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Fonthip Ward
Fonthip Ward

Fonthip Ward has written 27 article(s) for us.

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Workplace Wellness: Why Happy Workers Are Productive workers

January 20, 2017 | Fonthip Ward

All employers want to make their workplace more productive, although for many it can be hard to determine what they can do, easily, to promote productivity. As it turns out, making sure your employees are happy goes hand in hand with solving this problem, as studies have shown that happiness provides a very tangible increase in employee happiness survey results. This, of course, begs a question: 

What makes employees happy at work?

The first thing you should know is that money is not the key to workplace happiness. It’s perfectly possible for well-paid professionals to feel unhappy in regards to their work and workplace, even though it’s true that increasing wealth does normally increase happiness. The problem with wealth as a happiness-increaser is that changes in wealth only increase happiness temporarily, and after someone can pay to cover their basic needs, the increases in happiness are subject to diminishing returns.

So, with money off of the table, where do you turn first? Well, a clean environment is a great start. When office cleaning is able to keep up with the incidental waste and buildup of dirt generated by many, many employees, not only does it keep things looking professional, but it keeps things acting professional, too.

Humans are hardwired to be happier when dust and detritus aren’t present, and that’s still true in the workplace. 

Treat Your Employees Well

There are happiness-affectors based on the treatment of employees, as well. Treating your employees with respect, for example, causes a tangible boost in happiness, which in turn causes a tangible boost in productivity. Here’s some more examples:

  • Treating employees fairly both helps with the next point and ensures none of your employees resent each other.
  • Making your employees feel valued helps employees see how their work is important.
  • Ensuring your employees understand how they fit into the company’s goals means they, too, become invested in the company’s success.
  • Giving your employees autonomy means that they don’t feel as though you think they need to be babysat.
  • Engaging work that challenges your employees regularly both prevents tedium and increases the feeling of accomplishment.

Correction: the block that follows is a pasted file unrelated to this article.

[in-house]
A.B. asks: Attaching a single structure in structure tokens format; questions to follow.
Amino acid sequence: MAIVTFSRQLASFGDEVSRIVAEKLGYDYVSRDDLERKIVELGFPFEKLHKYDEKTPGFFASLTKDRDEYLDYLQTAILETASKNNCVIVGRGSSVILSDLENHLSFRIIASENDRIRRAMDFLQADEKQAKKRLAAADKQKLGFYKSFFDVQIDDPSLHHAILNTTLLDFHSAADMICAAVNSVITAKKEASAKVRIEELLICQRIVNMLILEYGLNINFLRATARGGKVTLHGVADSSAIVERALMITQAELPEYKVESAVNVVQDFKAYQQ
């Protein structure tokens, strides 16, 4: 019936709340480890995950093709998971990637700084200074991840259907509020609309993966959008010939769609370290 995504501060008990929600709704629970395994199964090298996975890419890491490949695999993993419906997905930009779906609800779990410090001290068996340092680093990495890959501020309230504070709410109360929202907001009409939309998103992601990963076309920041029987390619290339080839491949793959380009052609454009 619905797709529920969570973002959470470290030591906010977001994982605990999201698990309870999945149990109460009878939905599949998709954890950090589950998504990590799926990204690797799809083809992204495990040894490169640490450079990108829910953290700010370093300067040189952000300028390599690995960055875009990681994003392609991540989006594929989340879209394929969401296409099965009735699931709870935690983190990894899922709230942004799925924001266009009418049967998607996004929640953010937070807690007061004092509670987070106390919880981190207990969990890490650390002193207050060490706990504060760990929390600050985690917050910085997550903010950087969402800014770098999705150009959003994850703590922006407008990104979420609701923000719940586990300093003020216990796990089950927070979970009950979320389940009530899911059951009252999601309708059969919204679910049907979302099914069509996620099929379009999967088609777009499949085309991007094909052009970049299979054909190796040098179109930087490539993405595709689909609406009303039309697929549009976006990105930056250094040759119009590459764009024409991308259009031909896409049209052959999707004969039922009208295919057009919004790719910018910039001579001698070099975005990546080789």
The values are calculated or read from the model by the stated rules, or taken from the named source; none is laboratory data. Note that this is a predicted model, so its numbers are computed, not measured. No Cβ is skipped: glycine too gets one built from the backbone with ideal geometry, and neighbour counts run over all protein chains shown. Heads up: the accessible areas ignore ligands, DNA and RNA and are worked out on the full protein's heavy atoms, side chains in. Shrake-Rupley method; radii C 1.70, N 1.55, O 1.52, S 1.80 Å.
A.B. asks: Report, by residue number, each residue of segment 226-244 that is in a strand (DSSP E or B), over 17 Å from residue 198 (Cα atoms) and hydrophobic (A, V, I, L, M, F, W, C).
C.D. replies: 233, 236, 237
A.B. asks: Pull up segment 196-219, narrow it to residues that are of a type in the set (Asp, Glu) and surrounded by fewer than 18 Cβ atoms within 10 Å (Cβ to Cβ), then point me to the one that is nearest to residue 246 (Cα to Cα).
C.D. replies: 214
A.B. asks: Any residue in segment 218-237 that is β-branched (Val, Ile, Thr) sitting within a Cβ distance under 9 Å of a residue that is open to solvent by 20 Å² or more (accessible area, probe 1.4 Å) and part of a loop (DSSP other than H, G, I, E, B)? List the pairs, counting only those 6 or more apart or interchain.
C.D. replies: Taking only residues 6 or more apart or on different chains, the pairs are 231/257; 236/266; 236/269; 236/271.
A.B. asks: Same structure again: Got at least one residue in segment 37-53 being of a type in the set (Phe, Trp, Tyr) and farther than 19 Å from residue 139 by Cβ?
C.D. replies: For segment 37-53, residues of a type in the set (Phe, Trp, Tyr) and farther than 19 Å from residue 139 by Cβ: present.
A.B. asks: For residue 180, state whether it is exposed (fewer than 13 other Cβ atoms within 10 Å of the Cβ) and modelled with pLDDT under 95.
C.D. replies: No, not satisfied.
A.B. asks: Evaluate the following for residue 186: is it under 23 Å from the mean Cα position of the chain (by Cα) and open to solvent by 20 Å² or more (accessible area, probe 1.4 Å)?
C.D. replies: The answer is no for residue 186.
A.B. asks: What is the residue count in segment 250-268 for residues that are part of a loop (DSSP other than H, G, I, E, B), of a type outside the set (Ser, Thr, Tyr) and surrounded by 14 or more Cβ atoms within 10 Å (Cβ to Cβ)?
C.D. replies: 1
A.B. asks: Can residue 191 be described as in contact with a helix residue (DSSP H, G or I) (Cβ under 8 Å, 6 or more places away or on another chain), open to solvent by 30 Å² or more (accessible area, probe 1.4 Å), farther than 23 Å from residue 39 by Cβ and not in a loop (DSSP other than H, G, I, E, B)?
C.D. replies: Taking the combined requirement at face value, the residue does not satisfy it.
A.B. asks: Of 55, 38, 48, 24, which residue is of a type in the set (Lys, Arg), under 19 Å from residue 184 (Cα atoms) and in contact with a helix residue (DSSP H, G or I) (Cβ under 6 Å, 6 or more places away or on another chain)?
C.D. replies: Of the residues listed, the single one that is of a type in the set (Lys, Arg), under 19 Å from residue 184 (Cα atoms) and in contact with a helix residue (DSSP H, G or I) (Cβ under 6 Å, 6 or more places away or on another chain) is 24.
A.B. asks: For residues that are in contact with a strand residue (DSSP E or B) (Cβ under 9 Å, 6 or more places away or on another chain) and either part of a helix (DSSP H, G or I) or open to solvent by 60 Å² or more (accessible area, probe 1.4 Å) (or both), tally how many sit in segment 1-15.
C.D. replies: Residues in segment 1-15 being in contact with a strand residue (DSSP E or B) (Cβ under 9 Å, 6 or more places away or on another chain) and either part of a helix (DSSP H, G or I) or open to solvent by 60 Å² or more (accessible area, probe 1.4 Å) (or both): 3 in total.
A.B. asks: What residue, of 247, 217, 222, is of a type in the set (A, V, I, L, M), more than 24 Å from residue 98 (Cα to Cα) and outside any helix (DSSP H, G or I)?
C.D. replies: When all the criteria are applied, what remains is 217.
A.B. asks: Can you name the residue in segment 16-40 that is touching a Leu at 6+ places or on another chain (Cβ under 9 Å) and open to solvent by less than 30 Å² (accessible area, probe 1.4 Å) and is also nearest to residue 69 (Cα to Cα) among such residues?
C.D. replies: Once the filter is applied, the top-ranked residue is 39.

All of these things are an important facet of increasing employee’s happiness by way of company policies that affect them directly. Realistically, of course, it’s not as though you’re going to be avoiding doing any of these things, but they may need more emphasis if you want the average employee to consciously notice them. 

Leave Room for Career Growth

Additionally, it’s important to consider the possibilities for upwards mobility. Many employees are very rewards-oriented in that they want to feel as though there’s a realistic chance for promotion, pay raises, and other benefits that come with success in the workplace, especially with the ever-increasing workforce. Often this can be difficult due the increasingly flat structure of modern companies, which usually means many fewer middle managers between the top and bottom of a company.

One way to promote the development of your employees and thus make them happier is by implementing a career lattice instead of a career ladder, emphasising the broadening of one’s career skills and taking ownership of their own career growth. Feeling empowered, surprise surprise, really makes employees happy! 

Closing Thoughts

While all of these considerations might require adjustments to company policy, or significant planning for new or soon-to-be companies, studies have shown that high happiness results in increased happiness, better productivity, higher retention rate, and positive scores on any employee happiness survey. This is why career development is more important than ever. Failure to adapt to changing trends and shifting workplace demographics is a fast track to failure in the larger scale.

Just remember that your employees are people too. If you treat them right, they’ll treat your company right, and both sides of the equation will be better off for it.